303: You talk about how you were always drawn to flowers and concepts of design. How did BLOOM come to be?
AP: I always loved jewelry and made jewelry. I always loved flowers. When I modeled, I made too much money for my age. In my hometown, there was this little flower shop run by this talented gay man, and I loved him. I would go stop by his shop, and I loved what he did with flowers. Back then, I was a student and I bought little things to give to my mom and my friends. When I modeled and made too much money too young. I wanted to share that with my family and brought them flowers. I always liked design, and I love clothes. I love art. I started collecting art at a young age. On all my travels, I would bring back art or ceramics from the bazaars.
In Spain, I bought beautiful balls that I still have in my kitchen now 30 years later. I always had an interest in design and beautiful things. Our hashtag is actually “all things beautiful.” I think beauty is like my language. I like to create these spaces for myself. I can’t keep reality and my dreams separate. I thought does a place like BLOOM exist somewhere that I’ve been? I was trying to find that place, especially in Paris. I walked everywhere, and I stopped taking the subway when I figured out how close the stops were together. Many years later, I went back to Paris, and I was looking for that place. Obviously, it didn’t exist and was a combination of many places.
303: How would you describe your personal style?
AP: Probably bohemian. My mom said it best. When I turned 40, she wrote a speech and she said that I never copied anybody. I always did my own thing as a kid. When I was young, I didn’t have much money, but I remember buying a Benetton scarf. I had this black dress and matched pink lipstick to the pink scarf. I always had a bit of an edge and threw in something that wasn’t expected. I feel like I’m doing the same thing with the flowers and the design and everything. It’s all about textures. I don’t like when things match too much. There’s an art to it. I always try to be as natural as possible, but at the same time, I’m not afraid of color or making a statement. Colorado is very laid-back and casual — sometimes, it’s too casual. I was a little bit afraid I’d get sucked into this casual style, but I don’t do it. Every day, I dress up. Even at home, I like to put on a nice robe or something just because it’s for me, and it makes me feel good. My mom was super influential in my taste. Mine is a bit more vibrant than my mom’s. We sometimes fight over which colors and what goes together.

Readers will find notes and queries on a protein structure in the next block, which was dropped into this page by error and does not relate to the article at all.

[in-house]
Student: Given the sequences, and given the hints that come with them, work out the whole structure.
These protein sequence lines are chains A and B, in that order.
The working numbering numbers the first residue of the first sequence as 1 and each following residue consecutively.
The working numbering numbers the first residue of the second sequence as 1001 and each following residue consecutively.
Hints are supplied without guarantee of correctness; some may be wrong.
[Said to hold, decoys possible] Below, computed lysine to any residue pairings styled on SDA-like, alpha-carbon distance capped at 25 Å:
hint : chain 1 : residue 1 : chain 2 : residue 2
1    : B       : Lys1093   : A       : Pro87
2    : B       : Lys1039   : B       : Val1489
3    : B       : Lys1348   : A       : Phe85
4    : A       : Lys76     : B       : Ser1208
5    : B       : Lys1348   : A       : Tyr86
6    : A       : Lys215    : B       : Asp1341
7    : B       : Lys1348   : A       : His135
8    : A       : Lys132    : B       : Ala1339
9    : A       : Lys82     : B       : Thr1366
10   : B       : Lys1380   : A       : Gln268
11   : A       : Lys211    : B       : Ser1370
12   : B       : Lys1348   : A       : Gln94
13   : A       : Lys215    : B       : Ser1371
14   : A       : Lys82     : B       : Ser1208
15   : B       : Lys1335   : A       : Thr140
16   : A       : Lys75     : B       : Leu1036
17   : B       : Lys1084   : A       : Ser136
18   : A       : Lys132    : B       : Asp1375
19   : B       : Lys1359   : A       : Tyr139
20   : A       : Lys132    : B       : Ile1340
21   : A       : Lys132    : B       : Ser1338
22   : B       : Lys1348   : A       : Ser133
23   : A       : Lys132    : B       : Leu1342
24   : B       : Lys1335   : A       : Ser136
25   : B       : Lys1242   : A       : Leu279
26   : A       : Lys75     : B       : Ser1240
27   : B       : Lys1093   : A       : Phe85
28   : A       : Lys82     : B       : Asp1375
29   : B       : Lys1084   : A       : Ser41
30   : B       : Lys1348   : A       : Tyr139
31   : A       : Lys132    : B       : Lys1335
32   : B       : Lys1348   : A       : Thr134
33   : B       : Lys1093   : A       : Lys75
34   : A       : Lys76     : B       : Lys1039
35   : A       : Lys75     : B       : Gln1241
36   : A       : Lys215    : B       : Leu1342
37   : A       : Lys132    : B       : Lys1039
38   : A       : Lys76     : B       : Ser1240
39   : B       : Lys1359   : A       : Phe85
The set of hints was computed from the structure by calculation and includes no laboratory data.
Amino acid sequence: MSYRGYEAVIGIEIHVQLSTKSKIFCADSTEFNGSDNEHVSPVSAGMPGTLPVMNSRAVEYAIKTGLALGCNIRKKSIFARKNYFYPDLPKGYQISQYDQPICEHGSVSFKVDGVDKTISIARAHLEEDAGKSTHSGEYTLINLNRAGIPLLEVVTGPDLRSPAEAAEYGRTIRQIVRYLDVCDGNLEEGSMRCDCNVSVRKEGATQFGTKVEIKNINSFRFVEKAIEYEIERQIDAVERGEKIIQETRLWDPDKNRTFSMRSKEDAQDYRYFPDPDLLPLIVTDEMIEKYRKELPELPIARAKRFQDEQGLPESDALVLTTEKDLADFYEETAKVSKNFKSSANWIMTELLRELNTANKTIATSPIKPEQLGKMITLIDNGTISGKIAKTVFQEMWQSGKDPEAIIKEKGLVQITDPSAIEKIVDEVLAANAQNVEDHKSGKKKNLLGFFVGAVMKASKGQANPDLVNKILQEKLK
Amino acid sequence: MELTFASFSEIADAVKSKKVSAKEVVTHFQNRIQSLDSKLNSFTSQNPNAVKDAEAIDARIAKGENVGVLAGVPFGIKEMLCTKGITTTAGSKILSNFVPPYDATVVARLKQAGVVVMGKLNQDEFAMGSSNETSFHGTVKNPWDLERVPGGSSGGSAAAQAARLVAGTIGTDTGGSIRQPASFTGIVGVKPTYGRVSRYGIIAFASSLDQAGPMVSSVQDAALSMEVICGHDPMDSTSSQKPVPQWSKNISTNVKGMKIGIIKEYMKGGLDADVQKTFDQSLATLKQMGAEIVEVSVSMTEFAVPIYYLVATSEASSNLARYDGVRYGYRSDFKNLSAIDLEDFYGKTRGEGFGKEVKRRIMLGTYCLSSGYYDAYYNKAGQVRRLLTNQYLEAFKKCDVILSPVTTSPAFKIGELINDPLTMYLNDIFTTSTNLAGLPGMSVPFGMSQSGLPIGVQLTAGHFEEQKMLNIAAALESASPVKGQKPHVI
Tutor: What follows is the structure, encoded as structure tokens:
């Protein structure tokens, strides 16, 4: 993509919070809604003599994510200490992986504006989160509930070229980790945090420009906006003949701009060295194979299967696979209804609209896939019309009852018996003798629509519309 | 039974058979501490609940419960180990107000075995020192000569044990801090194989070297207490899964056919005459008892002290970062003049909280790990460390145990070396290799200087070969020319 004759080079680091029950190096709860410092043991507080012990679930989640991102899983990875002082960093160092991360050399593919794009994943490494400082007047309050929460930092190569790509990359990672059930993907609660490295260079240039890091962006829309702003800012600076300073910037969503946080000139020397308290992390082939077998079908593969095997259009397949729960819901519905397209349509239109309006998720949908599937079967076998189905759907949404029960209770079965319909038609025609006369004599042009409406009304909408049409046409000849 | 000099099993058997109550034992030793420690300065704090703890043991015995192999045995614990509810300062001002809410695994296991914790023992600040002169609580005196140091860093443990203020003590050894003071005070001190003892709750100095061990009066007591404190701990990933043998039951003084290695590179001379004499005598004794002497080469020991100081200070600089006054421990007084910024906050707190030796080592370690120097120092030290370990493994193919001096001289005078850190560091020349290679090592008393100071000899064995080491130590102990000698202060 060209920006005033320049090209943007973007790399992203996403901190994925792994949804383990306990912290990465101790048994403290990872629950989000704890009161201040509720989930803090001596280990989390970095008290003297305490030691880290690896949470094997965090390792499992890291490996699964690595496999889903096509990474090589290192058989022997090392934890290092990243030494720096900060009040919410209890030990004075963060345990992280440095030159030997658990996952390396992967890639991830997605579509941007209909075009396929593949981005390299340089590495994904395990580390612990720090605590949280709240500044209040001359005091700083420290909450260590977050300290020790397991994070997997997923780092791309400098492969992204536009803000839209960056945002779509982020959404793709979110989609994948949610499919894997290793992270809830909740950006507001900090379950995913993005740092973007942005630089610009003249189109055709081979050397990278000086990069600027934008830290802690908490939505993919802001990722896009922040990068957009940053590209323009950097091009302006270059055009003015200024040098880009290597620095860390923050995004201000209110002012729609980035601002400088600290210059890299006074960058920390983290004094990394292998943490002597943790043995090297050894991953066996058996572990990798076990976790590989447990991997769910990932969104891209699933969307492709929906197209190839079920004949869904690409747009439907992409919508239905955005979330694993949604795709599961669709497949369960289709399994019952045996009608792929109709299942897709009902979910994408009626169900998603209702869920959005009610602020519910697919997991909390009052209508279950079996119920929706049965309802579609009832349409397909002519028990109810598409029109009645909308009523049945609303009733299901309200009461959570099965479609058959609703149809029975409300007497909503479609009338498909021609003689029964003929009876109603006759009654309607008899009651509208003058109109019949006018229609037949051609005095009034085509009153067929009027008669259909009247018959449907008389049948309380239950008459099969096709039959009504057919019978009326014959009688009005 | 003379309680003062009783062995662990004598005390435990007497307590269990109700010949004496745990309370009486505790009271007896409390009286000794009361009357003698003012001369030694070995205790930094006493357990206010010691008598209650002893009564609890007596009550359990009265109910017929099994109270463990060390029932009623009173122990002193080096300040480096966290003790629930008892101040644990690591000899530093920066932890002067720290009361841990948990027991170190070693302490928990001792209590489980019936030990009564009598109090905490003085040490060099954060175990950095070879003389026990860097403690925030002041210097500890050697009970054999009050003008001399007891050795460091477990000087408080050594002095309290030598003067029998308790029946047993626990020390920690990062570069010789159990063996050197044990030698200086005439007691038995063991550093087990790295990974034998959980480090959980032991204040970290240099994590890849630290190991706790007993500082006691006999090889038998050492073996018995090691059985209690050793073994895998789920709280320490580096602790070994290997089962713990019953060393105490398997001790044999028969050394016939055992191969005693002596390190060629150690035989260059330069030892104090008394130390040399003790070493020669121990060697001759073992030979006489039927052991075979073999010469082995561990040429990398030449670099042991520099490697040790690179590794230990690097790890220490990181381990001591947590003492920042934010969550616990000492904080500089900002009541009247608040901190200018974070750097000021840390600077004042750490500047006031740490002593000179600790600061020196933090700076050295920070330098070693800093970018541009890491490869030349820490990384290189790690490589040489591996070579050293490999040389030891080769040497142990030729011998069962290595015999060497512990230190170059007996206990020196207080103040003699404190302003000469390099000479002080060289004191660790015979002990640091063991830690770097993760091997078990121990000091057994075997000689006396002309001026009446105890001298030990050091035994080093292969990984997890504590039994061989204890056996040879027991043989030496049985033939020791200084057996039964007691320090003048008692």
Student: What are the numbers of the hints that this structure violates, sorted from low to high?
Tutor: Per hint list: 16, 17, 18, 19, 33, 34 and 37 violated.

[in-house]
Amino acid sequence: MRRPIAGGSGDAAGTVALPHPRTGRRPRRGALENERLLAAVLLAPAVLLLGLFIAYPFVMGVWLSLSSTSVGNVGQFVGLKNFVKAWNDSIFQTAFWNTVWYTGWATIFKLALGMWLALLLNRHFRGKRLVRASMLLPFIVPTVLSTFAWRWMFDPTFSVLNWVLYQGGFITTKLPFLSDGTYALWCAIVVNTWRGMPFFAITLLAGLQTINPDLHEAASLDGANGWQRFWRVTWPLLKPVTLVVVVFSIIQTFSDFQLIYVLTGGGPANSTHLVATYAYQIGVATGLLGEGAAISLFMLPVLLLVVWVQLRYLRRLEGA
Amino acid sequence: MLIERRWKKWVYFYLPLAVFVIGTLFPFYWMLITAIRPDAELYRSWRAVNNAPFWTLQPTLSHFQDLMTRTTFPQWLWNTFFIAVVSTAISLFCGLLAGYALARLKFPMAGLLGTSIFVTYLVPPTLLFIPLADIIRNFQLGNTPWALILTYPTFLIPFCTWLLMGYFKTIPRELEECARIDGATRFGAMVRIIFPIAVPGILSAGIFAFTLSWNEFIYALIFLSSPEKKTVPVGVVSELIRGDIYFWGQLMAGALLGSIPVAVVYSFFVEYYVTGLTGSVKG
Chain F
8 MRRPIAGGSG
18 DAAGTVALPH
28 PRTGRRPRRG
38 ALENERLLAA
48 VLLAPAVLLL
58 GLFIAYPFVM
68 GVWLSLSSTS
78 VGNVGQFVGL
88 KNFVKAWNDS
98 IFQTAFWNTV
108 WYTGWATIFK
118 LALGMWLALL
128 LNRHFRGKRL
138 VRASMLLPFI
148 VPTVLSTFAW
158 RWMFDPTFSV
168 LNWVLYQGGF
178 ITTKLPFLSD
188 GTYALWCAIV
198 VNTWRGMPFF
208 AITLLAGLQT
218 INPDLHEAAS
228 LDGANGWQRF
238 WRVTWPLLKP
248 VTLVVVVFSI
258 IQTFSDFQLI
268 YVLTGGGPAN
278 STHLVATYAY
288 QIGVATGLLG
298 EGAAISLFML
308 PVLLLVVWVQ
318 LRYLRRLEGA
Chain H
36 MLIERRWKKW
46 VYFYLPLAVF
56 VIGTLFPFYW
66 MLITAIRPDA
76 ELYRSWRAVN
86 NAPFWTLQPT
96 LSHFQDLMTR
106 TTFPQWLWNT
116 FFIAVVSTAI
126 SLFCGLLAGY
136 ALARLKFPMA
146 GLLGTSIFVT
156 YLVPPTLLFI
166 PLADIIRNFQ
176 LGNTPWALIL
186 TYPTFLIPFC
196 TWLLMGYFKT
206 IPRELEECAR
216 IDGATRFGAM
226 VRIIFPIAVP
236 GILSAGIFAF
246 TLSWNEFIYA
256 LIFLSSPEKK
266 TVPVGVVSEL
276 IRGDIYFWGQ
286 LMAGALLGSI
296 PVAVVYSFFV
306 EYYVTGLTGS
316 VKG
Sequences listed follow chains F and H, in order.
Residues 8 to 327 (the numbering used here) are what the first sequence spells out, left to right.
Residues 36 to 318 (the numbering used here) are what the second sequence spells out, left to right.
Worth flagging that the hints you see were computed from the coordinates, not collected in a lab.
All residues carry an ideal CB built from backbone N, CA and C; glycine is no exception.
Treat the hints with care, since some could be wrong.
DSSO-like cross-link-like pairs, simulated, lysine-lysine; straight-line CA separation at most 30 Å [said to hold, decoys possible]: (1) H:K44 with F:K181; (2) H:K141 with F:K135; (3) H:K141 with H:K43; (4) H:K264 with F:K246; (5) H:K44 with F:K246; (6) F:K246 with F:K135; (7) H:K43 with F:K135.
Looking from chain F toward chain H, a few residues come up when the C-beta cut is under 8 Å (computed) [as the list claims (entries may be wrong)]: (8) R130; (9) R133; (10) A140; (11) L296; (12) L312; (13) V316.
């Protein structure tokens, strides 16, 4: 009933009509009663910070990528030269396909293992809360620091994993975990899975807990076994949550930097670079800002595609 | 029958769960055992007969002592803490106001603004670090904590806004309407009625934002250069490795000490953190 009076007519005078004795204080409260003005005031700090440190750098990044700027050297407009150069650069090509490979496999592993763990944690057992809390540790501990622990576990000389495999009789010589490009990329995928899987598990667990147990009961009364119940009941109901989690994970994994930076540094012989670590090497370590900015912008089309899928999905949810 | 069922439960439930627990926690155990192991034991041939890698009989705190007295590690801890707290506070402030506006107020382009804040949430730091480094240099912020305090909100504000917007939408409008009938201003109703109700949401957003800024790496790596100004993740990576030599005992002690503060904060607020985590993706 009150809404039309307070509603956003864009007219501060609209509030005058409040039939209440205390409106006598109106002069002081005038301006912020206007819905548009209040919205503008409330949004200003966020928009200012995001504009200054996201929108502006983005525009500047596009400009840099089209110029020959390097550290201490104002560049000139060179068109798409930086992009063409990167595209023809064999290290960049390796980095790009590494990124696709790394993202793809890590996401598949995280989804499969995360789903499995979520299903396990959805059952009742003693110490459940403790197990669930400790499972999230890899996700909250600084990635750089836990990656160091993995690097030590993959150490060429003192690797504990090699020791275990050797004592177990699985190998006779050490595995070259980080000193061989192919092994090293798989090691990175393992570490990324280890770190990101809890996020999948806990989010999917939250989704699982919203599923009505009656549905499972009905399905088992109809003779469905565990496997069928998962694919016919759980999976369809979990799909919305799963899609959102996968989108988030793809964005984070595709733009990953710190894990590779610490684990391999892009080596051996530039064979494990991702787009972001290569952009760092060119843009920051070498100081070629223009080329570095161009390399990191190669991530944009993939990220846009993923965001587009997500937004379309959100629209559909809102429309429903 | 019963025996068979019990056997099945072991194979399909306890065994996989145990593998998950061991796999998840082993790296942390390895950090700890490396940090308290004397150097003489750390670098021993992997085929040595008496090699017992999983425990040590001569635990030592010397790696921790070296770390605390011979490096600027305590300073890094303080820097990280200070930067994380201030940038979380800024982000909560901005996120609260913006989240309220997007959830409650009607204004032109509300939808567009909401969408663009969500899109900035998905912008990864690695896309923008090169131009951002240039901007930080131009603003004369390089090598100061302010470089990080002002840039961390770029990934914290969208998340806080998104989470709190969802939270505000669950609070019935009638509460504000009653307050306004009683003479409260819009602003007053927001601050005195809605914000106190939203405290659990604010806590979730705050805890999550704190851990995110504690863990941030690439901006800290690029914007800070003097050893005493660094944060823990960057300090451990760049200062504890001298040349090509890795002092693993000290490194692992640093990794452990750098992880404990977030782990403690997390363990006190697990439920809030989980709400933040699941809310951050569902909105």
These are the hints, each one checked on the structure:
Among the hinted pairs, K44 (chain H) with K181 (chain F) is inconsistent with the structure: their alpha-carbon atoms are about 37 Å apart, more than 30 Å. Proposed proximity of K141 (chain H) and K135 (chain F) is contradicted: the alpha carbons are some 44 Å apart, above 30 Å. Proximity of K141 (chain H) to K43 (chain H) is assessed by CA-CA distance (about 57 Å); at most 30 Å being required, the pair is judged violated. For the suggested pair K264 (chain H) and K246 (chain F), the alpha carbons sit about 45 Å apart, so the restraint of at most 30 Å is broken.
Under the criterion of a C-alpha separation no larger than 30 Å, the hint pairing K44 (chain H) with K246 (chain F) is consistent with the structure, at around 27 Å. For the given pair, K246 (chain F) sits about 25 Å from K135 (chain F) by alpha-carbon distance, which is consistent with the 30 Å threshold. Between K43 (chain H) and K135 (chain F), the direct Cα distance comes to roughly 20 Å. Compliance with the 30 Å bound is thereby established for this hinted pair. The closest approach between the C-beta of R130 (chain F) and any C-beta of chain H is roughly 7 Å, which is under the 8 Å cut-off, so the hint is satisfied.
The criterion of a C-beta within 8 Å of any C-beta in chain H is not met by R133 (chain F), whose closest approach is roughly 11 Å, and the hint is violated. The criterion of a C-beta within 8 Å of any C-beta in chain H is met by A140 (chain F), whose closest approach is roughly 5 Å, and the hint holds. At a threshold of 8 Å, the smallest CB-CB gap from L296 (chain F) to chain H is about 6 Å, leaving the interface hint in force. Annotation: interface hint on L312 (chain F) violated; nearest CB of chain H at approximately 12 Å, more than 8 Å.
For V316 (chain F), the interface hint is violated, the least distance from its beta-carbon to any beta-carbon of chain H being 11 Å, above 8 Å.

303: If you had to give someone advice on how to create beauty for themselves in their own lives, what would you recommend?
AP: I’m working on that really hard right now. I always had beautiful homes. My life was a little bit up and down, but you don’t need money to create beauty or to buy beautiful clothes. When I didn’t have any money, we would go to flea markets in Miami and buy old purses, dresses, fur coats and vintage stuff for your house. Flowers are easy ones. Go to an antique store or Goodwill and find a cool vase. Go to Costco and buy roses. I’m kind of loving rituals. I believe that you should sage your space and make it yours. Then, palo santo does the blessings.
That is a ceremony for you, and that’s the first step to create beauty in my eyes. Don’t be afraid of dressing how you want to dress and don’t be afraid of being who you are. Try not to follow trends. We all get roped into trends. I get my inspirations from museums, other artists and nature, but I don’t look at other people’s shops or houses. I try to create my own. Follow your instinct, and just go with it. If it doesn’t work, that’s okay. Fix it or change it. Pick stuff up from your travels. Always bring stuff back from your travels. If you really want something, don’t hesitate. Buy it, and you’ll find a space for it. I buy everything for this shop. I like to buy things that I love, but I don’t have a problem letting them go and selling them. My house doesn’t look like the shop, but I have a beautiful home.
303: Do you have a favorite flower?
AP: No, I love all flowers. Every flower. Even the ones that I don’t love. Sometimes, I have a favorite flower, but it’s very seasonal. In peony season, I love peonies. As a kid, my favorite flower was definitely a sunflower. I’m a Leo, and I’m ruled by the sun. I’m a fiery sun person.
All photography by Lauren Magin.